Mobile Merchandising Sarah Dibben, owner of Swallow at 433 Warren Street, asked about regulations in the city code pertaining to street vendors and trucks. She mentioned specifically a truck selling coffee that had parked in front of her coffee shop and later had positioned itself across from Relish, on South Front Street near the train station. She wanted to know: "Where these vendors are paying taxes?"
The discussion expanded to include Truck Shop, regularly parked of late near Warren and Fifth streets. Dibben noted that Truck Shop was posting its location and hours on a website and was selling the same goods as some of her neighbors in nearby shops. There was some question about the permitted distance between trucks and brick and mortar businesses selling similar goods, and Branda Maholtz asked where trucks are allowed to be located. Although the specific reference in the city code was not cited last night, Chapter 307-5 E specifies: "No vendor shall sell a product within 100 feet of a store selling the same or a substantially similar product."
Alderman Bart Delaney (Fifth Ward) asked Dibben if she had checked with code enforcement. City attorney Carl Whitbeck commented that a truck can only park on the street for two hours at a time. Whitbeck may have been referring to the general two-hour limit for parking on Warren Street, encouraged by parking meters that max out at two hours, but Gossips could find no reference to a time limit in Chapter 307 of the city code, which deals specifically with vendors and was revised in 2008. A time limit is, however, specified in Chapter 203-5 C--a chapter that deals with "Merchants, Transient" and was adopted in 1973 and not amended since: "A licensed transient merchant shall . . . not stand or permit the vehicle used by him to stand in one place in any public place or street for more than 10 minutes, or in front of any premises for any time if the owner of or lessee of the ground floor thereof objects." It is not clear if, under the law, a vendor is the same as a transient merchant and subject to the same restrictions, or if the two are different.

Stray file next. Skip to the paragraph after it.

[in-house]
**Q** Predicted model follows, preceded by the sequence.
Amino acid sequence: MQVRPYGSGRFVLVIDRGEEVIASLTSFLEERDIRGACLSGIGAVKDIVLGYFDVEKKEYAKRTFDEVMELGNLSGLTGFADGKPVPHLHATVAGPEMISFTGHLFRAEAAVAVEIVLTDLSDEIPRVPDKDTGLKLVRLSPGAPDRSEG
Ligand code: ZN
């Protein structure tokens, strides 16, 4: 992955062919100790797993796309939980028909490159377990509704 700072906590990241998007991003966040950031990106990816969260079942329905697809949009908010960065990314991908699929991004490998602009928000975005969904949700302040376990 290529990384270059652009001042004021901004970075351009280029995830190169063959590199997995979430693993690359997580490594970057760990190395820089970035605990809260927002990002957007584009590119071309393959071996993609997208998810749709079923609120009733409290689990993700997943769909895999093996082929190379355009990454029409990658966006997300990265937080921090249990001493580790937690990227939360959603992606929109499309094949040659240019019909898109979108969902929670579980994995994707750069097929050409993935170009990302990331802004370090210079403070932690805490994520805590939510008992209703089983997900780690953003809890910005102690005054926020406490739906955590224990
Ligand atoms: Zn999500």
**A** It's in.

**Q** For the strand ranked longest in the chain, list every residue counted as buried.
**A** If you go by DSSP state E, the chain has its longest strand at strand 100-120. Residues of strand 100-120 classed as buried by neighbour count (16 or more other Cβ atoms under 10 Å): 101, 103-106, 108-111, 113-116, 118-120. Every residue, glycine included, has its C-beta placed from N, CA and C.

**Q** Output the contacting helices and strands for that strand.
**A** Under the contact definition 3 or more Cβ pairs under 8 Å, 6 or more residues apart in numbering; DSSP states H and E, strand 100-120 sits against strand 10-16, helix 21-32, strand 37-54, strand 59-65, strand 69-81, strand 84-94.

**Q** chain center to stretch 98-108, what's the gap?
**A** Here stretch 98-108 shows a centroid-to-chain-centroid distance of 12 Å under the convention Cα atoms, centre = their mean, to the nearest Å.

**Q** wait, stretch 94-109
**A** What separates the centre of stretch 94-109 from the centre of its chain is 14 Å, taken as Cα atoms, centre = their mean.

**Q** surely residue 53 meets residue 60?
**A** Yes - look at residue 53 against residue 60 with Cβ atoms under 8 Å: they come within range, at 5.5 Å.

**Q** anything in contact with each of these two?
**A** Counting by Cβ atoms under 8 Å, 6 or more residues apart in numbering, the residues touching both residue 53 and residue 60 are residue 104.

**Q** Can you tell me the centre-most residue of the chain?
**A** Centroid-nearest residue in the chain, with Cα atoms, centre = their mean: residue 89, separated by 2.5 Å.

Surveillance Cameras Tim Slowinski, owner of Limner Gallery at 123 Warren Street, brought up the topic of police surveillance cameras proposed for his block. At the last Common Council Police Committee meeting, police commissioner Gary Graziano spoke of installing cameras at the corner of Warren and Second streets and the corner of Warren and First streets. He reported that people have offered to have them mounted on their buildings and to pay for the electricity to operate them. Graziano indicated that cameras are a deterrent to crime and that the tapes from the cameras are used by the police to identify cars and locate suspects when crime has been committed. Slowinski, however, called the proposal to install cameras "an over-the-top reaction to some people who are loitering on the corner."
Although Warren and Second and Warren and First were proposed as locations for surveillience cameras, the southeast corner of Warren and Second seemed to be the focus of the conversation last night. Alderman Nick Haddad (First Ward), who was chairing the meeting in Moore's absence, suggested that the surveillance cameras were in response to drug dealing. Alderman Tiffany Garriga (Second Ward) said she didn't think drug dealers hung out there. She said the problem was loitering, and the City should just enforce its loitering laws. She went on to say that "the people who own the business are giving people chairs to sit out in front."
Since the building is owned and managed by Housing Resources and Greater Hudson Promise Neighborhood now has its office in the building at 6 South Second Street, it was suggested that the perceived problem could to addressed by simply talking with Housing Resources and with Joan Hunt, Promise Neighborhood project director.
Plans for the Park Sheena Salvino, executive director of Hudson Development Corporation (HDC), spoke of the meeting about Seventh Street Park that had taken place the previous Thursday and reported that "the next step is to do a survey." The plans are to create an online survey, to conduct surveys with people in the park, and to make paper surveys available at businesses surrounding the park and at City Hall.
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